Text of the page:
Basically, each connection gets an arrow. It also supports self-connections and gates.
There are some examples of images:
Play around yourself here.
For sites, https://towardsdatascience.com/ maybe a good choice. The articles on there is about AI. You can read a lot of articles about state-of-the-art AI networks there. You can also subscribe to their newsletter for emails everyday on new AI discoveries. However, as stated by @DuttaA, take the articles with caution. The articles may or may not be entirely ...
This answer will point the reader to potentially useful resources, but I can't ensure that the courses are good (because I have never followed them).
Reinforcement Learning in the Open AI Gym (a small course that you can find in the YouTube channel suggested in the other answer) by Phil Tabor
The free course Advanced Deep Learning & Reinforcement ...
If you're willing to "drink from the fire hose", it's probably hard to beat just browsing recent arXiv submissions when it comes to seeing the most novel results in AI/ML.
For the unfamiliar, arXiv is a preprint repository where academic articles are published before/as they are submitted to an academic journal. It also contains work which is not intended ...
There are various dataset available such as
Pascal VOC dataset: You can perform all your task with these.
size of the dataset is as follows
ADE20K Semantic Segmentation Dataset: you can perform only segmentation here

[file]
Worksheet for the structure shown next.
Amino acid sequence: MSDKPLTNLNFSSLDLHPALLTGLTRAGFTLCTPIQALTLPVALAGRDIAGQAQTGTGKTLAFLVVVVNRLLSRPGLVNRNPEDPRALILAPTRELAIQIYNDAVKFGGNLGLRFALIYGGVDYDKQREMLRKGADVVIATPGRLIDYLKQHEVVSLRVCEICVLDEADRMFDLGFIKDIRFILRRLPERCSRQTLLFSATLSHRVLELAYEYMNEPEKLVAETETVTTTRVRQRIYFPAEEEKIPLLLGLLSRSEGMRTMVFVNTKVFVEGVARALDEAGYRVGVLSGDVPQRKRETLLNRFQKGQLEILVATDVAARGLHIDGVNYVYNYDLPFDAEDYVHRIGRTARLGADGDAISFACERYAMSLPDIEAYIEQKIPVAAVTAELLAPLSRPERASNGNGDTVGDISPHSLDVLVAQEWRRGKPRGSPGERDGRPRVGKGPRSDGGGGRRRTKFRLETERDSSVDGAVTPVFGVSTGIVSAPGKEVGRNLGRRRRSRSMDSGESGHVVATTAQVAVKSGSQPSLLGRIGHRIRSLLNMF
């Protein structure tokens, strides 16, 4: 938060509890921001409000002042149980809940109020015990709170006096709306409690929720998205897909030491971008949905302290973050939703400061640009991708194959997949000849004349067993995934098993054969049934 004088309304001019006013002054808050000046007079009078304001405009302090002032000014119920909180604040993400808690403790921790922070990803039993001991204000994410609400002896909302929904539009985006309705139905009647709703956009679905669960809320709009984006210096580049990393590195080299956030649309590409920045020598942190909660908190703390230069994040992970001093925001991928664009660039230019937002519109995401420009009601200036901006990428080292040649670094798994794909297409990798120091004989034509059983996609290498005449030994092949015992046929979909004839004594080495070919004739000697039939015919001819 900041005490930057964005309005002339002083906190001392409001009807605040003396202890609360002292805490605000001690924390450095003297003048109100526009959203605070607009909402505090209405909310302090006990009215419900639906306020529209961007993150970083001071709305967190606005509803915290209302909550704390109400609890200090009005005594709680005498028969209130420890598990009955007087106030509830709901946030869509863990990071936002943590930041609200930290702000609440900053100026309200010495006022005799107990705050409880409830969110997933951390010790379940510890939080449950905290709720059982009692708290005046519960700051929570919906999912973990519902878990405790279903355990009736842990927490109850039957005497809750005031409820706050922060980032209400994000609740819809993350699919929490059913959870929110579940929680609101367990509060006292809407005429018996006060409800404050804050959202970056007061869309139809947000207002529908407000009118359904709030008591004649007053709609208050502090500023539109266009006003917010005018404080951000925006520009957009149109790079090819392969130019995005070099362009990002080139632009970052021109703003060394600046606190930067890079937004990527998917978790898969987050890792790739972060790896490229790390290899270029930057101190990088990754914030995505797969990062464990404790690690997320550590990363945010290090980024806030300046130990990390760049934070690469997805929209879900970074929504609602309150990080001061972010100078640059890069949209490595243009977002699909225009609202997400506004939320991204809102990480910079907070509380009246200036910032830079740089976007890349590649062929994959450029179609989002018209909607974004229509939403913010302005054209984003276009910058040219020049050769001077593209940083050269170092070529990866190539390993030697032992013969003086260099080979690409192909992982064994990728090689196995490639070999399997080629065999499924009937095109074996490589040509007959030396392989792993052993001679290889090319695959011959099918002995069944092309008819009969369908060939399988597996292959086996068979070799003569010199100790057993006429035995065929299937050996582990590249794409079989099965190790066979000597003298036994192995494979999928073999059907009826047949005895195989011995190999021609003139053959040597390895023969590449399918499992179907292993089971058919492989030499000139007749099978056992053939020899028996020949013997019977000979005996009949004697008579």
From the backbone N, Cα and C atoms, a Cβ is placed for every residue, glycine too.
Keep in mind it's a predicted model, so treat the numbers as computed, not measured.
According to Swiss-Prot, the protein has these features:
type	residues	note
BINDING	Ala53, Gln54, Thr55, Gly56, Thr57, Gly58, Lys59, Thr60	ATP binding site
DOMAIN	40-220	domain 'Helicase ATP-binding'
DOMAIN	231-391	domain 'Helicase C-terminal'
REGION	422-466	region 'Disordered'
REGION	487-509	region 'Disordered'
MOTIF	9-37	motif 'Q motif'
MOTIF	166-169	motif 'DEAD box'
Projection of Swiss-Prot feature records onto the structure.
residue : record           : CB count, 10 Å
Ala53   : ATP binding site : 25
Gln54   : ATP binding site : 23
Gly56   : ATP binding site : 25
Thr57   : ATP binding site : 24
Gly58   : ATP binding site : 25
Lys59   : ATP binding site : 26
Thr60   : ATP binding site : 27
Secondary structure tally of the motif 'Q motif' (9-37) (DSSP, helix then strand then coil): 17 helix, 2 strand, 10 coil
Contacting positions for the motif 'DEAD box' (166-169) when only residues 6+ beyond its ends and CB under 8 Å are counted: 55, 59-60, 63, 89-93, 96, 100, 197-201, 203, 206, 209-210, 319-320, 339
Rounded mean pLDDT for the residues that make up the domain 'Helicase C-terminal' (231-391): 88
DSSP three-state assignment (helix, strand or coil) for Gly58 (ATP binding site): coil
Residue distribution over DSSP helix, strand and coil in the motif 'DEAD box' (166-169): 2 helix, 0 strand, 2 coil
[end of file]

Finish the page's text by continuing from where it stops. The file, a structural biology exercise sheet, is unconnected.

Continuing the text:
COCO dataset: This is rich dataset but a size larger then 5 GB so you can try downloading using google colab in your drive and then make ...
For the programming part I suggest this YouTube channel by Phil Tabor (he also has a website: neuralnet.ai. I found his videos really useful while I was attending reinforcement learning classes at the uni. He covers basic algorithms like value iteration and policy iteration and also more advanced like deep q learning, covering all main python libraries (...
However, do industrial strength, production ready defensive strategies and approaches exist? Are there known examples of applied adversarial-resistant networks for one or more specific types (e.g. for small perturbation limits)?
I think it's difficult to tell whether or not there are any industrial strength defenses out there (which I assume would mean that ...
I'll add a few, though I'm also not sure what exactly would constitute an "academic" podcast. I'm not going to link everything, they should be easy enough to find.
This Week in Machine Learning and AI
Neural Network Design (2nd edition) by Hagan et al. is one resource you could look at. It's a huge tome, weighing in at over 1000 pages in pdf form, but it is freely available (you can also buy a dead-tree version if you really want one).
Personally, for such stuff, I always felt twitter was the best. As long as you follow the right people/pages your feed can be quite informative and quite frequently links to articles or youtube videos which can be helpful are also found. To start off you could check out the DL loop list to start you off with a few popular people in DL on twitter
Besides the other answers, you can follow the Batch news of deeplearning.ai:
The Batch presents the most important AI events and perspective in a curated, easy-to-read report for engineers and business leaders. Every Wednesday, The Batch highlights a mix of the most practical research papers, industry-shaping applications, and high-impact business news.